ATHENS – Every economic program imposed on Greece by its creditors since the financial crisis struck in 2009 has been held together by a central conceit: that structural reforms, conceived boldly and implemented without slippage, would bring about rapid economic recovery. The European Commission, the European Central Bank, and the International Monetary Fund anticipated that fiscal austerity would be costly to incomes and employment – though they significantly underestimated just how costly. But they argued that long-delayed (and much-needed) pro-market reforms would result in a compensatory boost to the Greek economy.
Any serious assessment of the actual results produced by structural reforms around the world – particularly in Latin America and Eastern Europe since 1990 – would have poured cold water on such expectations. Privatization, deregulation, and liberalization typically produce growth in the longer term at best, with short-run effects that are often negative.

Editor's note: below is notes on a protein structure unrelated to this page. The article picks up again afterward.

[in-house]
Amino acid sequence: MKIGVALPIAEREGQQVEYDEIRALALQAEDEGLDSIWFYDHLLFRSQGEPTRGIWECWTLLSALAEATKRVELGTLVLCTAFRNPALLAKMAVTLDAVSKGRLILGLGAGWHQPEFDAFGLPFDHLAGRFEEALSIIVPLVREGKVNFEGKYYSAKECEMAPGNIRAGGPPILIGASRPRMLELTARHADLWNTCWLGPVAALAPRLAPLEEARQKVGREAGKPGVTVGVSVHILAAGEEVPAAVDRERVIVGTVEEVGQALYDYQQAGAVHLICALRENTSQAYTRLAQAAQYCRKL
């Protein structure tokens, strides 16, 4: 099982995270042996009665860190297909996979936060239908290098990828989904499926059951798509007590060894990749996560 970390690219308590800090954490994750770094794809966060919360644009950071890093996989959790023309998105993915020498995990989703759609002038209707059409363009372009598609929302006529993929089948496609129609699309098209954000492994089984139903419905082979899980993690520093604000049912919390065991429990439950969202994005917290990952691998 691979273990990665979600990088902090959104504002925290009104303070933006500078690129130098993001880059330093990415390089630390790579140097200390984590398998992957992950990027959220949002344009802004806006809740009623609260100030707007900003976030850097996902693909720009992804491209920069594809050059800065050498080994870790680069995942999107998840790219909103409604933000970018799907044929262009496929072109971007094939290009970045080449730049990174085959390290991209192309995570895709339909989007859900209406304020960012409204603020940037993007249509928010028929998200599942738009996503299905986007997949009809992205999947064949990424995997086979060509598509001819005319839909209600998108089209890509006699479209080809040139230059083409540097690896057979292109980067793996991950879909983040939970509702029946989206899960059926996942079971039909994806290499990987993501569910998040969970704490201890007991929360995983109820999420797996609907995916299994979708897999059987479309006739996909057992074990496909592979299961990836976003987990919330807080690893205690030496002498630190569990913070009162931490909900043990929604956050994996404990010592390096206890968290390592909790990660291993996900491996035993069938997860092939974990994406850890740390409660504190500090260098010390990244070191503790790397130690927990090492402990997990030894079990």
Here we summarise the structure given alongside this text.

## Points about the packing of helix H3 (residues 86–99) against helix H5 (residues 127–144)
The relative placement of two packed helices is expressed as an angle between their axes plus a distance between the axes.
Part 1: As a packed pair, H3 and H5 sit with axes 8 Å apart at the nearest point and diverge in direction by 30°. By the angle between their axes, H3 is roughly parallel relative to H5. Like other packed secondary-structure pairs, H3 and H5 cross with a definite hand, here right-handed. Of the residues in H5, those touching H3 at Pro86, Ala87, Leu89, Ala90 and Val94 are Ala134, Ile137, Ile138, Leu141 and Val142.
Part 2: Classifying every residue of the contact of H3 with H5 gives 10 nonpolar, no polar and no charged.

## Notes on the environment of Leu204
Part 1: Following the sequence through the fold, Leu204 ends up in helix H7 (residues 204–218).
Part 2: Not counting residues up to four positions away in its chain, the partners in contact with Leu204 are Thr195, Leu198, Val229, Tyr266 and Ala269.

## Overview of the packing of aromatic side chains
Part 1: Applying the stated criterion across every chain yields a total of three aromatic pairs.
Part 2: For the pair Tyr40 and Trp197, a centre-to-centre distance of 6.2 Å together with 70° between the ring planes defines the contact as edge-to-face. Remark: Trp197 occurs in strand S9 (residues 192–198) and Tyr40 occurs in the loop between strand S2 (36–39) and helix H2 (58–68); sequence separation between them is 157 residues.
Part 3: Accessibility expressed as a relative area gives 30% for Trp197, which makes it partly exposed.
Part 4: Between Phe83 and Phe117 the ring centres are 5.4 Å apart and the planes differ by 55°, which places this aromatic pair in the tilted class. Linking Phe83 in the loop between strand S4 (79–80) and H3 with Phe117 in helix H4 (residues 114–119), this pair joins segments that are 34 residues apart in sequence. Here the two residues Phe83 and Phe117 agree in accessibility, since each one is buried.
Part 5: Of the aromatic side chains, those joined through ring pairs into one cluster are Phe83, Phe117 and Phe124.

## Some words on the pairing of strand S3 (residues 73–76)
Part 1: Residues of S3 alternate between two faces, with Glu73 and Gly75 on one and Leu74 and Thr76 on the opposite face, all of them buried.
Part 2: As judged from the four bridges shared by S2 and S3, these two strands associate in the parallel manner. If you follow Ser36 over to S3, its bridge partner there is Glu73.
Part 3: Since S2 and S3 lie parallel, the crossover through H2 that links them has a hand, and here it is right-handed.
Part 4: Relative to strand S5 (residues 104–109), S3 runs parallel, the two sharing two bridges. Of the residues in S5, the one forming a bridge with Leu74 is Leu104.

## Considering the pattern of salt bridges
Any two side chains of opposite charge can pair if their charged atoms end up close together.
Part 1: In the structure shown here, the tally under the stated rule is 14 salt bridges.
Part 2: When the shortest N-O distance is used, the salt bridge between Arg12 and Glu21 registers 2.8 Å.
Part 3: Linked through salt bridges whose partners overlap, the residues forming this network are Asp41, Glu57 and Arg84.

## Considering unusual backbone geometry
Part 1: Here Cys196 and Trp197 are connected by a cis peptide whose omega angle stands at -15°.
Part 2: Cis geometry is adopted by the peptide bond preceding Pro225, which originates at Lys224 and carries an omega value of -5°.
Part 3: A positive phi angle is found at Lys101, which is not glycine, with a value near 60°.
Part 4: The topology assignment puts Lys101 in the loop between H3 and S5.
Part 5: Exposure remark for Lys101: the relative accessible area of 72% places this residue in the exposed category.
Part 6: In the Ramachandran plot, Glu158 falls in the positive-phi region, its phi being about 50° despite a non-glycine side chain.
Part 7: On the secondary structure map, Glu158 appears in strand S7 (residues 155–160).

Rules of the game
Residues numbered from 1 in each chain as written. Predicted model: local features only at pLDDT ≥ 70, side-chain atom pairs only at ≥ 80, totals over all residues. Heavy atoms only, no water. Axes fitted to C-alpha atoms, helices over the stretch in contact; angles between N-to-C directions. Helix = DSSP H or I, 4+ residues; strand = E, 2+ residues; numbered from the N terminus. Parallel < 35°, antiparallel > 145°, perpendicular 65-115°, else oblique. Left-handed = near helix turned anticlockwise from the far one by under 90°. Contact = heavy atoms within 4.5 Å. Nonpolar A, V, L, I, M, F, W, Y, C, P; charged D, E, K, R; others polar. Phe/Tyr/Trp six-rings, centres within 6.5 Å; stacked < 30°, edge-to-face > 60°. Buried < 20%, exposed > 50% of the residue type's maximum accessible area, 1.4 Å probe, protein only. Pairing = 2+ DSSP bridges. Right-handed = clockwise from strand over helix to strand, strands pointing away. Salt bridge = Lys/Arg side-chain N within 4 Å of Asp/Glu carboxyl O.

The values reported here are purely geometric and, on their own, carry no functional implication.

It is not that governments cannot engineer quick growth takeoffs. In fact, such growth accelerations are quite common around the world. But they are associated with more targeted, selective removal of key obstacles, rather than broad liberalization and economy-wide reform efforts.
The theory behind structural reforms is simple: opening the economy to competition will increase the efficiency with which resources are allocated. Open up regulated professions – pharmacies, notaries, and taxicabs, for example – and inefficient suppliers will be driven out by more productive firms. Privatize state enterprises, and the new management will rationalize production (and shed all the excess workers who owe their jobs to political patronage).